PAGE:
The text


Silicon was a central and disruptive element during the first half of the year. According to official Chinese statistics (the CPIA), production reached 205,000 tonnes during the period, an increase of 32% over the first half of 2019, for a global (annual) production capacity of 543,000 tonnes. China has 85% of the world's capacity (and certainly at least as much in production) according to PV Magazine.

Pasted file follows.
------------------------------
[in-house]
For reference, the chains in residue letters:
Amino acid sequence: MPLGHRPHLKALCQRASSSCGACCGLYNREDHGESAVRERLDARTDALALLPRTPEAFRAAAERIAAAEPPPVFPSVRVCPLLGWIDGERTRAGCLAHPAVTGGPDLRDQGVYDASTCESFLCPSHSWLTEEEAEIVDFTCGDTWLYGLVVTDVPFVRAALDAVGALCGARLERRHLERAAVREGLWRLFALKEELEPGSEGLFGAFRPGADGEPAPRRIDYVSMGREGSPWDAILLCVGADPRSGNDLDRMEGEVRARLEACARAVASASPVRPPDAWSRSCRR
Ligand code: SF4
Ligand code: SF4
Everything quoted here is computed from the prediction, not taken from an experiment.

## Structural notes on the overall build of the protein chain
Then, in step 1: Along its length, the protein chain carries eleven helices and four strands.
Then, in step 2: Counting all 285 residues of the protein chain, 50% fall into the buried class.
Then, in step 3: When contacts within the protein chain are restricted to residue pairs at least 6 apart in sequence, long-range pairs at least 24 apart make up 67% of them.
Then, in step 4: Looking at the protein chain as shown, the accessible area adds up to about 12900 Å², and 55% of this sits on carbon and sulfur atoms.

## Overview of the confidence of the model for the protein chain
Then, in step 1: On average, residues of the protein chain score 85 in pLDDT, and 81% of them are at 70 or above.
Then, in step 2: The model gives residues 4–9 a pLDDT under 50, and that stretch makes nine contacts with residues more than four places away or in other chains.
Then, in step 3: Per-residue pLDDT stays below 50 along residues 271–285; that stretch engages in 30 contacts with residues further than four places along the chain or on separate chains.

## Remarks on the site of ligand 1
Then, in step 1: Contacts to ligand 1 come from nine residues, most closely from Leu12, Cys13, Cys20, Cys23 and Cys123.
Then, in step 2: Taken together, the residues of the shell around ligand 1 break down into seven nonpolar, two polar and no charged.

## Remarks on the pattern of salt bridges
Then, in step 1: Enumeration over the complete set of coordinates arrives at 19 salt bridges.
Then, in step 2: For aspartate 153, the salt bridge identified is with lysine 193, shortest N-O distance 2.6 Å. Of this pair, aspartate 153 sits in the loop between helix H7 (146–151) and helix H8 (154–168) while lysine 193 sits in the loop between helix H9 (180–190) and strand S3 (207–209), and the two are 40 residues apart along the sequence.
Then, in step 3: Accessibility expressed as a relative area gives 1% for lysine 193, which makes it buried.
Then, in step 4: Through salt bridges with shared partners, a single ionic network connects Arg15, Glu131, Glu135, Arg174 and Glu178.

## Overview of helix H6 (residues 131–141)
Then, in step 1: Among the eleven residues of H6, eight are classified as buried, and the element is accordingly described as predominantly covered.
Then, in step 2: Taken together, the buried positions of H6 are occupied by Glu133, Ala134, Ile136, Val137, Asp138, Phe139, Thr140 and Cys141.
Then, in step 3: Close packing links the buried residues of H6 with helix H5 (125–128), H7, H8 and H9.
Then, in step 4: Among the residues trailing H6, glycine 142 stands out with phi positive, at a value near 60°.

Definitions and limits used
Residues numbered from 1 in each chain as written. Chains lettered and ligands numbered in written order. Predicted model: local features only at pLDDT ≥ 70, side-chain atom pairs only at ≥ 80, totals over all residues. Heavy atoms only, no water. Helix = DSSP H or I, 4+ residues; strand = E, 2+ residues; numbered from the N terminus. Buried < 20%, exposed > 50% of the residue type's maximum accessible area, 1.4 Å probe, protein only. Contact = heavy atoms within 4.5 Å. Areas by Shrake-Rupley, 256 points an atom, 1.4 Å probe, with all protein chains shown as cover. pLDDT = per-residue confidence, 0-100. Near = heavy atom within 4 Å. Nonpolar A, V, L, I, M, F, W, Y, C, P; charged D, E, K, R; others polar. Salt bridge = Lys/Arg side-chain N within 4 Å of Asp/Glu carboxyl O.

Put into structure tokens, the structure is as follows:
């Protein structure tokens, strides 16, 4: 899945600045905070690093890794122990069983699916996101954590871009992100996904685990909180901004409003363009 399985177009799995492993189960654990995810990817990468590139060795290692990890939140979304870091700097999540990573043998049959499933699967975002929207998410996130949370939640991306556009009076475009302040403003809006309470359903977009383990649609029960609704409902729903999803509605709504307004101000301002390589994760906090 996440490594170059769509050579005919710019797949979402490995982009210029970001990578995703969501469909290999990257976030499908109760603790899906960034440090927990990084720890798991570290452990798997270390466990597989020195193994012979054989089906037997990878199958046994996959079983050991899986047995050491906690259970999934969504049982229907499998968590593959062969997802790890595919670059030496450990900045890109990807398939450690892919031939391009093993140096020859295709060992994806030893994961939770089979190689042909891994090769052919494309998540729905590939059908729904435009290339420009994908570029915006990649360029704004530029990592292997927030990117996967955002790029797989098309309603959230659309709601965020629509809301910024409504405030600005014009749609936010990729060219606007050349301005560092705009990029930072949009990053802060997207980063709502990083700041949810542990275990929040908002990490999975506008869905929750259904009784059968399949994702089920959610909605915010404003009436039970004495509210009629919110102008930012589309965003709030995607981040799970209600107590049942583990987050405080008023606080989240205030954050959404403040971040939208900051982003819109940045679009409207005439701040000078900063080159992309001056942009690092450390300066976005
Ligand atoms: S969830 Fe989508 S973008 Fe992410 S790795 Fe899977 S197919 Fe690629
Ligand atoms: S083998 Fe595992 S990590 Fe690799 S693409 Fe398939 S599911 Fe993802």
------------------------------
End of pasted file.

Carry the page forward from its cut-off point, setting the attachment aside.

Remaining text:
The disruption of the sector is manifested by the disappearance of many Chinese and foreign manufacturers, even well-known ones such as Hanwha Chemical or the Korean OIC factories. It is the consequence of the migration of production plants from the east of China to the west (Xinjiang in particular) where the cost of electricity is as low as 0.26 RMB/kWh ($0.038), which offers a competitive advantage as electricity accounts for 30% of silicon production costs. By locating in Xinjiang, the new production units achieve a silicon cost of 35-40 RMB/kg ($5.13 - $5.90). However, during thefirst quarter of 2020, the market price of silicon fell to 60 RMB / kg ($8.80). Many Chinese and foreign manufacturers had to stop production due to recurrent losses. Four manufacturers, Yongxiang, Daqo New Energy, TBEA and East Hope, now have 53% of the world's polysilicon production capacity. The production cost of their very modern and productive plants is less than 45 RMB / kg ($6.60). This is enough to eliminate many other manufacturers who do not have the same production cost.